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Thematic Investing Brings PE to the Clinical Trials Market

COVID-19 shone a light on a fragmented market. Now private equity firms are building platforms of clinical site businesses with an eye toward improving diversity.

Thematic Investing Brings PE to the Clinical Trials Market

The clinical trials space is one of many areas where inefficiencies and room for improvement were highlighted during COVID-19. While the pandemic stoked initial interest among private equity firms who saw consolidation opportunity in a fragmented sector, a crossroads of several trends continues to drive clinical trial M&A activity in a post-pandemic market.

As deal flow slowed down last year, private equity investors engaged in more thematic investing. Instead of waiting for investment banks to come to them with opportunities, they began researching timely sector ideas and seeking out executives to partner with in those areas. The approach makes them more proactive around finding deals and lets them gain a competitive edge. Clinical trial sites—businesses that pharmaceutical companies use on an outsourced basis to provide locations and line up test subjects for drug, therapy and vaccine trials—fit well within this strategy.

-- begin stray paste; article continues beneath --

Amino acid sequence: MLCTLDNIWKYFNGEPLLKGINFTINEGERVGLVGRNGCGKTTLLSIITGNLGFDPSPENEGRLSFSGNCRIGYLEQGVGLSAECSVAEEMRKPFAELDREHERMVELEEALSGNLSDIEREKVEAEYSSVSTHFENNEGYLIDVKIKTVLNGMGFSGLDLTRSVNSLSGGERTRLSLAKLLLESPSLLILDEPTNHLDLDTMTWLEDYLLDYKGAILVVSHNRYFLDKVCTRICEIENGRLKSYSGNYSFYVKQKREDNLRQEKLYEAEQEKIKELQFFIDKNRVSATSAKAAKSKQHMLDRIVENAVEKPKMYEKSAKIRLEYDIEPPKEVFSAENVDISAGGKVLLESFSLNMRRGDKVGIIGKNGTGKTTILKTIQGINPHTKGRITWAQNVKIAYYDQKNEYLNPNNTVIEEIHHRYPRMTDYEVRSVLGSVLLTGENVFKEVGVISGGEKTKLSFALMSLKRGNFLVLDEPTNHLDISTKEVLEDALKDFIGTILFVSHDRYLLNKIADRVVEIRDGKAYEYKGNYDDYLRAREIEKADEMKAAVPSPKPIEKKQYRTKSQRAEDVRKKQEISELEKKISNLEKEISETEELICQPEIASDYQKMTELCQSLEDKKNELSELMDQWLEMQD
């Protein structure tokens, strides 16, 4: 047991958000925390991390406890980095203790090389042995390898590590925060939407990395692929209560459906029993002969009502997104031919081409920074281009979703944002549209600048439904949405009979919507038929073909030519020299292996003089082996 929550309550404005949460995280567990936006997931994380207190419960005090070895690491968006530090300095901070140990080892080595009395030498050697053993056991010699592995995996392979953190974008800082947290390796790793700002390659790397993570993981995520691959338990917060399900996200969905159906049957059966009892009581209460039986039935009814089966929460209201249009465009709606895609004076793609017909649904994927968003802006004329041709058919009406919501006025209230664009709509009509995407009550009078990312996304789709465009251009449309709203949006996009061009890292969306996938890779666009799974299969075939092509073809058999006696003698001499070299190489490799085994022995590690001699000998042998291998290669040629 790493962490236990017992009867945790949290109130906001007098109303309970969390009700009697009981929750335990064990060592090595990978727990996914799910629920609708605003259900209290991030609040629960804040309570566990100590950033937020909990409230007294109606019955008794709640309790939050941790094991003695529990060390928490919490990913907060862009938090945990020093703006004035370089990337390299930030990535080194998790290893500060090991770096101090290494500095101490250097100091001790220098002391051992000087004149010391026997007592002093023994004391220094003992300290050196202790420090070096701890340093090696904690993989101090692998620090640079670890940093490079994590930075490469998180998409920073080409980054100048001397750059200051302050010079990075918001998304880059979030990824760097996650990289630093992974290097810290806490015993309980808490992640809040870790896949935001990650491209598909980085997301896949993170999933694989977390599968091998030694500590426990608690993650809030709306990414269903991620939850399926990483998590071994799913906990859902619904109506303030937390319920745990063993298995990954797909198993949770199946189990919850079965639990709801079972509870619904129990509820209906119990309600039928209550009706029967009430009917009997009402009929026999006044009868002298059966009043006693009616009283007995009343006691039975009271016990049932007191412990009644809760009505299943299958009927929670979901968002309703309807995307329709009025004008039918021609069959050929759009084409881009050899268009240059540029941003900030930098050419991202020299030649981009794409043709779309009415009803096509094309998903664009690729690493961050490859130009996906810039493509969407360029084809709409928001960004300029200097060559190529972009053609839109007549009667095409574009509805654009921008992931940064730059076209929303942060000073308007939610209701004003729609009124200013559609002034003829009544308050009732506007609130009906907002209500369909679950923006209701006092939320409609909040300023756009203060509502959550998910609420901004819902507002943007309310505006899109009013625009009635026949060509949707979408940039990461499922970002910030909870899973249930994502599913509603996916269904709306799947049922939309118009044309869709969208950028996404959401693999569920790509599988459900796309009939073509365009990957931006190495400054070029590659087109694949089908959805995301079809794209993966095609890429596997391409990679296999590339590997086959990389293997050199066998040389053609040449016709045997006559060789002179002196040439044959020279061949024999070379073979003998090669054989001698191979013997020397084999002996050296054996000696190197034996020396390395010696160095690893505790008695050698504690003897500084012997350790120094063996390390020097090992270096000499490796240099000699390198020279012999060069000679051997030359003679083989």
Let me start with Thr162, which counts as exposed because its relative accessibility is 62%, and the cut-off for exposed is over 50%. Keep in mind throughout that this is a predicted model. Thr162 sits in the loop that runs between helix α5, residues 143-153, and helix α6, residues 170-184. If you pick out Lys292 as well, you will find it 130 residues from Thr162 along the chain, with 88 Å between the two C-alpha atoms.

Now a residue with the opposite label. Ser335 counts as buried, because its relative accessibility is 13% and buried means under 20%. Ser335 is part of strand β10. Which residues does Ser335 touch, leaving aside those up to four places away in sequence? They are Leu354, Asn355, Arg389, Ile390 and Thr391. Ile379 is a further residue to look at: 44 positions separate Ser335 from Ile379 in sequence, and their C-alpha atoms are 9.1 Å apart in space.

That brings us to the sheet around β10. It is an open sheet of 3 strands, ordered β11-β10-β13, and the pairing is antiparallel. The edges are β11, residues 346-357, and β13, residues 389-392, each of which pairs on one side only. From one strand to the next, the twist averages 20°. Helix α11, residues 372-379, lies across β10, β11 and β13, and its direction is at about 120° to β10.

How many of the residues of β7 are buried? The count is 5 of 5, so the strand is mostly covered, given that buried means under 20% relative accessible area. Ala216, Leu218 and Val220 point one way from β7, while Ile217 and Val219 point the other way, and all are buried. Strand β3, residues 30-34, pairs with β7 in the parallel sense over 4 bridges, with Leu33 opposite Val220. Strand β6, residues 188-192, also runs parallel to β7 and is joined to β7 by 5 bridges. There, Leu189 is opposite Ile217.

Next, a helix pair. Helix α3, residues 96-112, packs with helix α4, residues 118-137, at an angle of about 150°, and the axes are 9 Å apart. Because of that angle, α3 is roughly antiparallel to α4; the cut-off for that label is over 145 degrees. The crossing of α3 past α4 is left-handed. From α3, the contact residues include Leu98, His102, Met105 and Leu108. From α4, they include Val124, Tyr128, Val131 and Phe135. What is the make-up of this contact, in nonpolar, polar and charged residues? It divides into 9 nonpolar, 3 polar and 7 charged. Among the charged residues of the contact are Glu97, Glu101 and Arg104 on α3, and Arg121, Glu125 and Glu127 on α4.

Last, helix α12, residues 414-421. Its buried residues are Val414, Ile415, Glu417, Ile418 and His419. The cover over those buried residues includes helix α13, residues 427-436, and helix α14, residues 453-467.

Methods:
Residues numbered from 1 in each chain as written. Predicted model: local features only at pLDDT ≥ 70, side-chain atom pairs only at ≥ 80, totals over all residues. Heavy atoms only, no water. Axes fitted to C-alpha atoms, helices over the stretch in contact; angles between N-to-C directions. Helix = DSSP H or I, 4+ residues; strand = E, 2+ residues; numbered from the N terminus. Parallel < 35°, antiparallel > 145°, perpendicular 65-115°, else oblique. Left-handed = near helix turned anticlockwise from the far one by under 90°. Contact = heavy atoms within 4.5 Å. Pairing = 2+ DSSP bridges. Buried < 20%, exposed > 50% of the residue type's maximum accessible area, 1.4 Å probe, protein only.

The increased demand for better diversity and representation among different ethnic and racial groups within clinical trials, in part attributed to new regulatory guidance, is also guiding investors and their clinical trial platforms as they formulate expansion plans and pursue add-ons.

The growth opportunity is vast. Recent research from investment bank Harris Williams posits that the $16 billion market is expected to grow at a 6.8% compound annual growth rate through 2025. In the last two years, several private equity firms and strategics have stepped in to capitalize on that growth potential, either acquiring or launching new platforms of clinical trial sites.

We’re in the early innings of consolidation in the clinical trial site space.

Preston Brice

Grant Avenue

Among them is Washington, D.C.-based Martis Capital, which launched Alcanza Clinical Research at the end of 2021.

“We find the space exciting, because it’s large and growing, there is demand for good quality and highly-integrated providers. And consolidation will help with recruitment, efficiency, consistency and quality of data,” says Martis Capital managing partner Mario Moreno.